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England is the most top-heavy league in the world. Is that a problem?

For years, when women’s soccer commentators have wanted to reference an unbalanced league, their go-to example has been France. The Division 1 Féminine has been won by the same team (Olympique Lyonnais, of course) for thirteen consecutive years. Over the past ten seasons, Lyon has lost two (2!) games, both to Paris Saint-Germain. Over that same period, PSG has finished in second place six times (with another likely this year), third place twice, and all the way back in fourth place once. Over those years, Montpellier has never finished worse than fourth, with only Juvisy (now Paris FC) ever seriously challenging this triumvirate.

The general rule for a D1F season: Lyon will beat everyone, PSG will beat everyone except Lyon, Montpellier will beat everyone except Lyon and PSG. It’s as inevitable as the tide.

This year, that trend has generally continued, but there are some tiny signs of movement. Bordeaux invested significantly in the offseason and has locked in some serious improvements. They and Dijon have both managed draws against Lyon this year. Meanwhile, PSG has drawn with Guingamp and Montpellier, in addition to losing to Lyon. And Montpellier have actually fallen into fourth place, trailing Bordeaux.

It’s still a massively unbalanced league, of course. But by one measure, it’s no longer the most extreme top-heavy major league. That honor instead now goes to England.

Take a look at the tables, and the gap becomes quite obvious:



The gap between the top teams and the rest is clearly larger in England. And the distance is actually understated by this presentation, because virtually every point taken off the top three English teams has come from one of the other top three teams.

The bottom nine teams in the league have collectively played 34 matches against Chelsea, Manchester City, and Arsenal this year. They have taken two points from those 34 games.

Why is the WSL so stratified?

The strange thing about this is: if you actually watch the WSL, it doesn’t feel that imbalanced. Teams outside the big three do suffer the occasional shellacking (most notably Arsenal’s 11-0 demolition of Bristol City—otherwise known as The Miedema Game), but are also often quite competitive. The second tier of teams—Manchester United, Tottenham, Everton, and Reading—have given the leaders plenty of tough games. And even those near the bottom have played well against the top tier on occasion—most recently Liverpool's agonizing 3-2 defeat to Arsenal on Thursday. By pure chance, you’d expect a few of those narrow defeats to be draws, if not outright wins. But despite competitive play, they somehow (pretty much) never find a way to manage a result.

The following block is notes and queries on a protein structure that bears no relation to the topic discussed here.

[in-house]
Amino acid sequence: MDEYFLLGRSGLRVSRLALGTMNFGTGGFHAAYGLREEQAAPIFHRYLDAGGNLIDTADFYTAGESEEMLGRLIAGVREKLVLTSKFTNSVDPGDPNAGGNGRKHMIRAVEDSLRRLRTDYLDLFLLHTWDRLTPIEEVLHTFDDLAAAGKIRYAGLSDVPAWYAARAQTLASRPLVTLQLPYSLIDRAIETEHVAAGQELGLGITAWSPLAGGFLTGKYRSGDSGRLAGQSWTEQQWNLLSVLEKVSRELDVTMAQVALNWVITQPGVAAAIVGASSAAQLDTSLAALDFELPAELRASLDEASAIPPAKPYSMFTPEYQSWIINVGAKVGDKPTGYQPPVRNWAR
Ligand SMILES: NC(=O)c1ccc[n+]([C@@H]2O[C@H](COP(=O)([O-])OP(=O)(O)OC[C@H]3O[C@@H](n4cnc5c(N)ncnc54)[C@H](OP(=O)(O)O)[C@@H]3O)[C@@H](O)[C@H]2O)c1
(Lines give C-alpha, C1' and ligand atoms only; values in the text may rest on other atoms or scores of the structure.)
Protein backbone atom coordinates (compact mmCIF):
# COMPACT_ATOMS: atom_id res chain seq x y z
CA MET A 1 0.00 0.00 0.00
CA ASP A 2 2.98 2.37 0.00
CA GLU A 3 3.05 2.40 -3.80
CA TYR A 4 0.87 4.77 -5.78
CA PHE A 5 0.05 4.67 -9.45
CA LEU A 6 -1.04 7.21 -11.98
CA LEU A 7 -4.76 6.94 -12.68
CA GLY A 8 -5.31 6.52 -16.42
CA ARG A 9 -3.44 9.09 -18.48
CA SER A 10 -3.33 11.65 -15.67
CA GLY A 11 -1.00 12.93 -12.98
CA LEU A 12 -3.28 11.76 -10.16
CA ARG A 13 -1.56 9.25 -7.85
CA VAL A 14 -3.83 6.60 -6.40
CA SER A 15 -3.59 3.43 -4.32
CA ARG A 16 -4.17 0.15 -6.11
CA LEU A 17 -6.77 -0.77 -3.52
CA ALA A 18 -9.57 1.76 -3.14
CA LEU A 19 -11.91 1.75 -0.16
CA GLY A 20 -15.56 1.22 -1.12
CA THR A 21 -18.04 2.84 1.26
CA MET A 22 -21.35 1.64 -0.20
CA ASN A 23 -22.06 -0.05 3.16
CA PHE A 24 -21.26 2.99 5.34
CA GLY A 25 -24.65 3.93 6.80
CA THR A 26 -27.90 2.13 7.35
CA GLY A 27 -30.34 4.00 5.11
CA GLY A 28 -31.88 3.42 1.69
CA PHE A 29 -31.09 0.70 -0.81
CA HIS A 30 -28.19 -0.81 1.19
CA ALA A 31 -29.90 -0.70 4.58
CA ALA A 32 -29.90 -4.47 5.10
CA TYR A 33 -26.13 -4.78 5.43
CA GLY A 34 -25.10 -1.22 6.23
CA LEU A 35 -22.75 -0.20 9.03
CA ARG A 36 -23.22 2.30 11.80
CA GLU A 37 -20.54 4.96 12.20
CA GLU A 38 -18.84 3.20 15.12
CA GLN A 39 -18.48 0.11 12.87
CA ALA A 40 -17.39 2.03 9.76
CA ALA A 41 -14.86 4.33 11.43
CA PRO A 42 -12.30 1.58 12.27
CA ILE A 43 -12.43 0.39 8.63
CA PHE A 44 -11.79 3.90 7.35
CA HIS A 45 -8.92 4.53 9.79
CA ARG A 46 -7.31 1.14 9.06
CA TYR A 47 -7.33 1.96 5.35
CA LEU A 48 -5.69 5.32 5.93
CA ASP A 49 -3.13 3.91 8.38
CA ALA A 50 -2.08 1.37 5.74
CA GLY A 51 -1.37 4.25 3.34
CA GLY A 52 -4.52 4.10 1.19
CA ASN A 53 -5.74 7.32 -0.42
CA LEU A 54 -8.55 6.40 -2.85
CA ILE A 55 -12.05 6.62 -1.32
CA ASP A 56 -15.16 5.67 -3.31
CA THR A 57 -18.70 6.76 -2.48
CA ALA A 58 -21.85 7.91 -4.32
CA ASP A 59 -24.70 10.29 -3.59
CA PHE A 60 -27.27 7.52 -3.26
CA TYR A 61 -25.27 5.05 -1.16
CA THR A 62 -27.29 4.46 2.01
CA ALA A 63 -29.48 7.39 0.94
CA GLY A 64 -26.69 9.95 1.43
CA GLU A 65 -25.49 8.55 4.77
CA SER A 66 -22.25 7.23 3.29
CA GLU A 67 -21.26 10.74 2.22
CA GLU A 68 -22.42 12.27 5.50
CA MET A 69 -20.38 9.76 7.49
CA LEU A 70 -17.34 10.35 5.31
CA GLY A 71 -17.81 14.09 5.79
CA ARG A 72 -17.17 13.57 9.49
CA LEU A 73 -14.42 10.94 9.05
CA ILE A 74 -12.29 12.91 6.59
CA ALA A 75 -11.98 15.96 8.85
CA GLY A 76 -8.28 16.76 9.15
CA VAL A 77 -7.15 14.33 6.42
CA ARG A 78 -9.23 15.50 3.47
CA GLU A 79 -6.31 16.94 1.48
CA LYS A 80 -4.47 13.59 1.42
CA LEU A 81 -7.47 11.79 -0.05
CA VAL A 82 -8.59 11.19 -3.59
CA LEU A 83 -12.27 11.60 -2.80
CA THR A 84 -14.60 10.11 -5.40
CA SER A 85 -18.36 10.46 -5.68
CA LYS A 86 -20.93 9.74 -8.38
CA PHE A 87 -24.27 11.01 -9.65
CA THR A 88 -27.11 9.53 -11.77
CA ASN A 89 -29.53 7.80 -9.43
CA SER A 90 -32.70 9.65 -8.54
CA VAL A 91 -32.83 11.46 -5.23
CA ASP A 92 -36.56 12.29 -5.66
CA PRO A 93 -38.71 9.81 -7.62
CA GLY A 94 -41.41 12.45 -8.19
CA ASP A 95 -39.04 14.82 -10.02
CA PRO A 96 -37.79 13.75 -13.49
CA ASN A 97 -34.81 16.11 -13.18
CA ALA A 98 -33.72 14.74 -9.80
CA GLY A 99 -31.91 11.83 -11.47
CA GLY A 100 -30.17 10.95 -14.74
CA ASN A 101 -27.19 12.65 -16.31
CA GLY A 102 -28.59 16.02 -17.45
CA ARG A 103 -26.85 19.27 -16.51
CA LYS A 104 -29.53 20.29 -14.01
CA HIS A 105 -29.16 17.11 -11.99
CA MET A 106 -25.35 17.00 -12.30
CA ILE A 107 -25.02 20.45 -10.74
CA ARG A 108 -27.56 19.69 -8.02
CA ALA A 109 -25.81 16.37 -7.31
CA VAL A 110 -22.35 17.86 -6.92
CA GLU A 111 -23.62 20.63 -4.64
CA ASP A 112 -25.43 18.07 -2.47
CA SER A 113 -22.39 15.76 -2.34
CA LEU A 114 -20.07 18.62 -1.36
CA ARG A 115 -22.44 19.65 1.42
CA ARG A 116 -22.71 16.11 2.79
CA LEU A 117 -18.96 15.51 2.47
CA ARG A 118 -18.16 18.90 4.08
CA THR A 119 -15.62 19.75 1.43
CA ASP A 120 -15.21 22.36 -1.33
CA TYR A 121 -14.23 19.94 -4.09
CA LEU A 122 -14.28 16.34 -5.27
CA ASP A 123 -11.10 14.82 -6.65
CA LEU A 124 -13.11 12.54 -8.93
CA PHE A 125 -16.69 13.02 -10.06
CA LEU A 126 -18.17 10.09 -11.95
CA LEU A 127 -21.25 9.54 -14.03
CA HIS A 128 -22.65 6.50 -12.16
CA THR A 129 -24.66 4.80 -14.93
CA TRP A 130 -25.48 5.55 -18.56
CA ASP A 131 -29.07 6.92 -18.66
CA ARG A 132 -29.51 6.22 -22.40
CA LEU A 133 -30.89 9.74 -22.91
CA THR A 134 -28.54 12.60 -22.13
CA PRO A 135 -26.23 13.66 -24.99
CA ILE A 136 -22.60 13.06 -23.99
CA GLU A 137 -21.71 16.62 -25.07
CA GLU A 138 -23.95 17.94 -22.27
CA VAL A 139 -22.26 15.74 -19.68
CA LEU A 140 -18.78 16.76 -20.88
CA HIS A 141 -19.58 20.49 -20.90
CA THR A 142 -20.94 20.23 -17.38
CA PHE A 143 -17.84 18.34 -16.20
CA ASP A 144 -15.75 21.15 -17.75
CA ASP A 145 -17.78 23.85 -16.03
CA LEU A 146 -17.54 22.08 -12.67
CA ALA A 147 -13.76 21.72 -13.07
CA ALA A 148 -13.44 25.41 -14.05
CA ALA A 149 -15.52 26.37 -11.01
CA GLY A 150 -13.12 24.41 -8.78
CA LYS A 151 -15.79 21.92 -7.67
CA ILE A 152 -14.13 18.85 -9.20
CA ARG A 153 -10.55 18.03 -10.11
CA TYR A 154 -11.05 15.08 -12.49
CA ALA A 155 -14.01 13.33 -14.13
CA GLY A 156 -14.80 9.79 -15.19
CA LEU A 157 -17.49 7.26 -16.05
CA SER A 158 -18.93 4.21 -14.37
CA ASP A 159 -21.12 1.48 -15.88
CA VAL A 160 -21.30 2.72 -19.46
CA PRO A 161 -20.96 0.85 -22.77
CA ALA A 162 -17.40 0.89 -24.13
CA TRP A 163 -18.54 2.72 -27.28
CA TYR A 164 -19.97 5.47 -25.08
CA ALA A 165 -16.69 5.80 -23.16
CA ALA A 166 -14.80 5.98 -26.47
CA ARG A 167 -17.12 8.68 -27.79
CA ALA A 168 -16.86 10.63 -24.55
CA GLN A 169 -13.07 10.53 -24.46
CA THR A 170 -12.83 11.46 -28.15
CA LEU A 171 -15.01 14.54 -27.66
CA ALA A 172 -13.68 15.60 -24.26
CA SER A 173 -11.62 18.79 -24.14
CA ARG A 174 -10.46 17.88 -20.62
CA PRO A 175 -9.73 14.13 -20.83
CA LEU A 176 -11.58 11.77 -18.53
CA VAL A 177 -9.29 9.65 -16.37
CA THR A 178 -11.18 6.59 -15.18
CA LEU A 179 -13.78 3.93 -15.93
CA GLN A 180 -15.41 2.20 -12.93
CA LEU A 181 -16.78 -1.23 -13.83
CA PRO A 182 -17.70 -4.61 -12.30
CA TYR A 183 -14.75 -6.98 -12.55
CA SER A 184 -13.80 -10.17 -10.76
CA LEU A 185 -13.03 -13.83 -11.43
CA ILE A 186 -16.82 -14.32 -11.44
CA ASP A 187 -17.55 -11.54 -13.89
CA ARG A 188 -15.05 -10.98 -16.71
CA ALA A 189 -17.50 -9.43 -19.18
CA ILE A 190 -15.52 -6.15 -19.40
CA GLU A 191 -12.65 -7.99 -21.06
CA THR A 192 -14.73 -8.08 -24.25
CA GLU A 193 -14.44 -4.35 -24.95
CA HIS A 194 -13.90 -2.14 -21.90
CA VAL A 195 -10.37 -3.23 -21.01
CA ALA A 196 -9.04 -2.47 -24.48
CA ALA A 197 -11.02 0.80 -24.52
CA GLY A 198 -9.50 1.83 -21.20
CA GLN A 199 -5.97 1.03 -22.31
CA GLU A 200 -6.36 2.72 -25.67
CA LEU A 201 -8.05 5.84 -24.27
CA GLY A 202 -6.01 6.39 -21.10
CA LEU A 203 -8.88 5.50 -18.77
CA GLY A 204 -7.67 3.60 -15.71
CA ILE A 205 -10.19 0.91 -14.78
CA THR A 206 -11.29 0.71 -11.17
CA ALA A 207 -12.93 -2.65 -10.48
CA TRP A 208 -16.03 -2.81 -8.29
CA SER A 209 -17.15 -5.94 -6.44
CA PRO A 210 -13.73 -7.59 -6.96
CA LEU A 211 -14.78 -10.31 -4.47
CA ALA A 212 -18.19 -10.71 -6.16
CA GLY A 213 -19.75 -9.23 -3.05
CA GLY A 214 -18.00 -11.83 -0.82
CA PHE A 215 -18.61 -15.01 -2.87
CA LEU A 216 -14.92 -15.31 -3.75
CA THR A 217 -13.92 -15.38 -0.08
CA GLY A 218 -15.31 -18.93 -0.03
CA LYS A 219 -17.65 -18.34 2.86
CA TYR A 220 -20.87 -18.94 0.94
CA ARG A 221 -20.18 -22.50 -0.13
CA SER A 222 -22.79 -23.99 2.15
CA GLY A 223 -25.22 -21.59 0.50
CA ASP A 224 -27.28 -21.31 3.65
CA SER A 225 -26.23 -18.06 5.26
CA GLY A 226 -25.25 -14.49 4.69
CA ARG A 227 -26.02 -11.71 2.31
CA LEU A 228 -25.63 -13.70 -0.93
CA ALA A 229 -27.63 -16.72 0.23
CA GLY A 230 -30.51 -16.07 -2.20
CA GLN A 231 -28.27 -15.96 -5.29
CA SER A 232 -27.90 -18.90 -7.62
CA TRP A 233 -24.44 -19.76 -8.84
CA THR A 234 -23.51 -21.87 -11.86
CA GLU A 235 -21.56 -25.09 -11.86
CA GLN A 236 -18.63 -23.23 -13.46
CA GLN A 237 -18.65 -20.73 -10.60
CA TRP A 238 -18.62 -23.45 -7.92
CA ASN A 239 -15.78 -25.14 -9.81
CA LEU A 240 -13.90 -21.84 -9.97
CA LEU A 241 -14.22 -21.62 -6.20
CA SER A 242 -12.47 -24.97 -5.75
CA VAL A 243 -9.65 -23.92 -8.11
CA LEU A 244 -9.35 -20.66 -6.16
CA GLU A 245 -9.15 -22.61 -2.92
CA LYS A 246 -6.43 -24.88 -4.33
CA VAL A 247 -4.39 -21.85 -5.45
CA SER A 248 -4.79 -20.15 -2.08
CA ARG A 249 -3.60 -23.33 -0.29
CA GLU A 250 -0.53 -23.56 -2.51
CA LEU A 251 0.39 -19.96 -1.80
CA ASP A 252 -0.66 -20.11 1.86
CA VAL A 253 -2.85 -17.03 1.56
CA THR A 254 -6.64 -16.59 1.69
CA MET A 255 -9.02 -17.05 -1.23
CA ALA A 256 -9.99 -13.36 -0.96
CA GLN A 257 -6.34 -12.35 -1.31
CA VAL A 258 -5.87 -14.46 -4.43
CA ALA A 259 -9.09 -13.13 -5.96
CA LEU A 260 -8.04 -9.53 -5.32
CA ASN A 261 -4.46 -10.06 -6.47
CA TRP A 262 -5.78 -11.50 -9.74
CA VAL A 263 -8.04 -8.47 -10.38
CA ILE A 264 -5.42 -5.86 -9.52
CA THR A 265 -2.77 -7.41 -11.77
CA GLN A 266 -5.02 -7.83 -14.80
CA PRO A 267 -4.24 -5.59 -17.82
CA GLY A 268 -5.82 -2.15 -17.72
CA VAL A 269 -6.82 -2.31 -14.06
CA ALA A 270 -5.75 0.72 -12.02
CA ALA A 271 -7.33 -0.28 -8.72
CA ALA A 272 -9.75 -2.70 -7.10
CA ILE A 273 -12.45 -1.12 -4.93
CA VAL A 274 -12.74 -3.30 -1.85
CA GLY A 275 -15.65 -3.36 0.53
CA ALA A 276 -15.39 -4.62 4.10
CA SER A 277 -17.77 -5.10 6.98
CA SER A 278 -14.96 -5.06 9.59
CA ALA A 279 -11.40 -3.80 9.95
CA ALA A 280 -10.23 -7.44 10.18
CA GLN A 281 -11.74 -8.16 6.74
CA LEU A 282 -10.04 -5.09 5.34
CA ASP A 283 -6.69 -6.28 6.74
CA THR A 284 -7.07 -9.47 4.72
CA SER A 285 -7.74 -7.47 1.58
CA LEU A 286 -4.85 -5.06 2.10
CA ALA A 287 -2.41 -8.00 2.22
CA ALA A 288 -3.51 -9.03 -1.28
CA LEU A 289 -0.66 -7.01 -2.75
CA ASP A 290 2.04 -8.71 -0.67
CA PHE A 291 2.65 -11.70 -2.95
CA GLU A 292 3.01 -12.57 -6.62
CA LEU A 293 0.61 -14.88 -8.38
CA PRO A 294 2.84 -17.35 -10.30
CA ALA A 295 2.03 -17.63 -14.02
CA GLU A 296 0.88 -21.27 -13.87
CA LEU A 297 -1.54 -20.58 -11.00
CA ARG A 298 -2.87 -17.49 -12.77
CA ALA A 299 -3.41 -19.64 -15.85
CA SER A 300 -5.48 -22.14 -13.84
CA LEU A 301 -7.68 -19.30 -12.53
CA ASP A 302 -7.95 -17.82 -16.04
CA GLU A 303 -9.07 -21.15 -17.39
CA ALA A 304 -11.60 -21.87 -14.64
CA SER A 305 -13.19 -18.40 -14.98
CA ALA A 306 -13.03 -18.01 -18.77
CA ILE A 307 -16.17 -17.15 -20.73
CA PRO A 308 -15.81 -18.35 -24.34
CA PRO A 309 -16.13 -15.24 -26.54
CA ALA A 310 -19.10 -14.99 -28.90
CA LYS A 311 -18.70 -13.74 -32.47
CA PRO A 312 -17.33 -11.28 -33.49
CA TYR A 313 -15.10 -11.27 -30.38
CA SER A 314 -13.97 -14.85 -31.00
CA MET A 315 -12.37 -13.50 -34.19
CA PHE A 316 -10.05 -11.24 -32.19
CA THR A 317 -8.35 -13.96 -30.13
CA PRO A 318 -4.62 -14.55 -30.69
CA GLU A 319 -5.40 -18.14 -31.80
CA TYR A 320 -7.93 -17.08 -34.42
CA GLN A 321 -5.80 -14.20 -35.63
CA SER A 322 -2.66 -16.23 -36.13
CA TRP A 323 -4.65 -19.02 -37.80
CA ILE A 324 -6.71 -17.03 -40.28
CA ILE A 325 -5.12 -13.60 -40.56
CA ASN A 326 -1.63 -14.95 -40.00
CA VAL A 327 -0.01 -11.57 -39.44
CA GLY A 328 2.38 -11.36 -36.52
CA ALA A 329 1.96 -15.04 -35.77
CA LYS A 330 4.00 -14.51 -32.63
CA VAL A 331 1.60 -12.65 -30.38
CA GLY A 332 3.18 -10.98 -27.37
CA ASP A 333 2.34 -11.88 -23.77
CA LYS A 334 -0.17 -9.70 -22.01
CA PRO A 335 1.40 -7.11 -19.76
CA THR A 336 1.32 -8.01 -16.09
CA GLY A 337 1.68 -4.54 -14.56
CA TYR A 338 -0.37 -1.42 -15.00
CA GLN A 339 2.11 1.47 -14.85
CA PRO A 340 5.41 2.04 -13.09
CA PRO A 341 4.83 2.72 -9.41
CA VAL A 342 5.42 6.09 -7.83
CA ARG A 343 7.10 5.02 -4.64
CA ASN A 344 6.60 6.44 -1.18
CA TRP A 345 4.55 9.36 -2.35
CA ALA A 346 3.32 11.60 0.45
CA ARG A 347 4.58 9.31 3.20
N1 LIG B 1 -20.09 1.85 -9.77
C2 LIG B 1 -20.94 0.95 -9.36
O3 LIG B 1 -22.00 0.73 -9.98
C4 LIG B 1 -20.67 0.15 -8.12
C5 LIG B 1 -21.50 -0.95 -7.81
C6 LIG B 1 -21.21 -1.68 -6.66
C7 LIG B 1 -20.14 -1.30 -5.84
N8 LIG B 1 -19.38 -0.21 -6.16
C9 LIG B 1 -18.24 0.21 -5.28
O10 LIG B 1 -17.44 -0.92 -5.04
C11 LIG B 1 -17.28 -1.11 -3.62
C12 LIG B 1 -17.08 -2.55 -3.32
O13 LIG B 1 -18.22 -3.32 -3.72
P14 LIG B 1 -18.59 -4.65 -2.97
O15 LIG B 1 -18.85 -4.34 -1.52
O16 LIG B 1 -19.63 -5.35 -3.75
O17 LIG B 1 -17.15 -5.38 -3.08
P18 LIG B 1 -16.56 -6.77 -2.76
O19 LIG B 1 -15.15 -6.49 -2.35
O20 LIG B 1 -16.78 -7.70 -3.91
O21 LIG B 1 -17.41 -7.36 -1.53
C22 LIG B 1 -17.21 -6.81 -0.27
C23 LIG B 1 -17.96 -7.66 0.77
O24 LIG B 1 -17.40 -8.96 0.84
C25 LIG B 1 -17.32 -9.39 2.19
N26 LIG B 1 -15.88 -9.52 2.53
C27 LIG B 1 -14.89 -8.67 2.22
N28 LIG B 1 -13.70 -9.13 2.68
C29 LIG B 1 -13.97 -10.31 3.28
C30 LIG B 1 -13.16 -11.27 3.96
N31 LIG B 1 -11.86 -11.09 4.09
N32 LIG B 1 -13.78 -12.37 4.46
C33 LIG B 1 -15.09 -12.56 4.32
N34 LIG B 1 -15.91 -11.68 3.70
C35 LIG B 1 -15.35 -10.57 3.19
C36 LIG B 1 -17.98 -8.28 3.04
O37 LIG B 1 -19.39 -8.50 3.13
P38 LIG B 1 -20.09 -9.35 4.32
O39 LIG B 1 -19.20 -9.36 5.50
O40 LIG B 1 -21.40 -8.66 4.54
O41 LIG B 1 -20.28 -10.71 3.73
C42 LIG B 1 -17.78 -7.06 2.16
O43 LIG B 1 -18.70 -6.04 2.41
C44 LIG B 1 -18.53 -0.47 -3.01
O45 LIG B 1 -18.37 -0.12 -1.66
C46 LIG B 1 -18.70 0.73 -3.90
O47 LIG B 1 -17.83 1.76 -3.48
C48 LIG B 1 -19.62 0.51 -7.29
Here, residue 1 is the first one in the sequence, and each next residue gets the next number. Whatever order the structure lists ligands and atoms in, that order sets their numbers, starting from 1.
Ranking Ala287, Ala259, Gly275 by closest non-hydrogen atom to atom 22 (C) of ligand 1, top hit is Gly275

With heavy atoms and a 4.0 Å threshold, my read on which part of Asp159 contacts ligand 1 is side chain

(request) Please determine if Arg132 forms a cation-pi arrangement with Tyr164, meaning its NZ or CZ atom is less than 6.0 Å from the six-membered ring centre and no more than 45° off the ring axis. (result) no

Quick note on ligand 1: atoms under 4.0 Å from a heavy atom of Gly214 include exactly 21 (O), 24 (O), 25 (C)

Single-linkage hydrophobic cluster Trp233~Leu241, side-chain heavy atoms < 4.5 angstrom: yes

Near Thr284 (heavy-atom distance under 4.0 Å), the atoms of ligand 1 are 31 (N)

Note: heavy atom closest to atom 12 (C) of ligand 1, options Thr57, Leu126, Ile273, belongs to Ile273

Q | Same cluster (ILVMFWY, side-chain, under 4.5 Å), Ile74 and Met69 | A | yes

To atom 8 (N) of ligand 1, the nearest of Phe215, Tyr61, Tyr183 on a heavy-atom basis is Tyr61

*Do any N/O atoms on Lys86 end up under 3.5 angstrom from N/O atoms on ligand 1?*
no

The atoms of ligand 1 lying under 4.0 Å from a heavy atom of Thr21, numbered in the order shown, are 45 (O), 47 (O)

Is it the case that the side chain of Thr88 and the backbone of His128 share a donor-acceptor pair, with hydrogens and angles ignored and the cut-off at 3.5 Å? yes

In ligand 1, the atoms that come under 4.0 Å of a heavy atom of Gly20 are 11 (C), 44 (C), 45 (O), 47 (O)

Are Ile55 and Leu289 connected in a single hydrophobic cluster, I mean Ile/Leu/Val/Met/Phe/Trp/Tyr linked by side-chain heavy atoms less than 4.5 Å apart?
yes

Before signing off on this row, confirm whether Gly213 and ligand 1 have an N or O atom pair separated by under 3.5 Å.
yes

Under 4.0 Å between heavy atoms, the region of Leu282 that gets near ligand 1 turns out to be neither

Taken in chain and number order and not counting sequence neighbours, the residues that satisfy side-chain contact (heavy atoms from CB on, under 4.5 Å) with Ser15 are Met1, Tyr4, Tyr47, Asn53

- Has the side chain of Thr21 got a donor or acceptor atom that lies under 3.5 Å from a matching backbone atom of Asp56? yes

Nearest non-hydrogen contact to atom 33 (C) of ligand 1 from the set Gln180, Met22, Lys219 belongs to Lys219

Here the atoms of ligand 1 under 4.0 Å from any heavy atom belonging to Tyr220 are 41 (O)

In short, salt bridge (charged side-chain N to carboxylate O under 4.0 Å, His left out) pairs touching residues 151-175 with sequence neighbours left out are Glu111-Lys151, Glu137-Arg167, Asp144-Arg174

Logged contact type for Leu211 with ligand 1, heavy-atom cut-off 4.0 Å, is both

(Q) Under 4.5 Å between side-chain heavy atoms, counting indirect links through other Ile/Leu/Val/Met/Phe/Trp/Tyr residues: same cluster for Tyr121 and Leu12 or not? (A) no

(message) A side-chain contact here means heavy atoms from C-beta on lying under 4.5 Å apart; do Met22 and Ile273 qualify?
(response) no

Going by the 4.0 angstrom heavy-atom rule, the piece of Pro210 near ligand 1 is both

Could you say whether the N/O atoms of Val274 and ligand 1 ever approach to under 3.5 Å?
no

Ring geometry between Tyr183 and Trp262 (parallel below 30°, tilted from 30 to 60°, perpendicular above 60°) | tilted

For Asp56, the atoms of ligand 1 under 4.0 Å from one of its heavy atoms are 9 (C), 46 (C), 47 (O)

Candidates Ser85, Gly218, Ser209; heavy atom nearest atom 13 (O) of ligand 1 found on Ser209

Is that evidence of a winning mentality in the top clubs which the rest have been unable to cultivate? Is it pure randomness which we’d expect to correct itself over time? Or is there in fact a much larger gulf between the best and the rest, a gap which doesn’t appear obvious as you watch but is unavoidable over the course of the season?

And if England is turning into an exceptionally stratified league, is that a problem? It’s normal across the global game to see the same big teams at the top season after season. It usually doesn’t come with this kind of full spectrum domination, but is that so important? D1F hasn’t collapsed under the weight of predestination. There’s no particular reason to think it will hurt the WSL, either. Especially when England has an important advantage: genuine tension over who will win the title.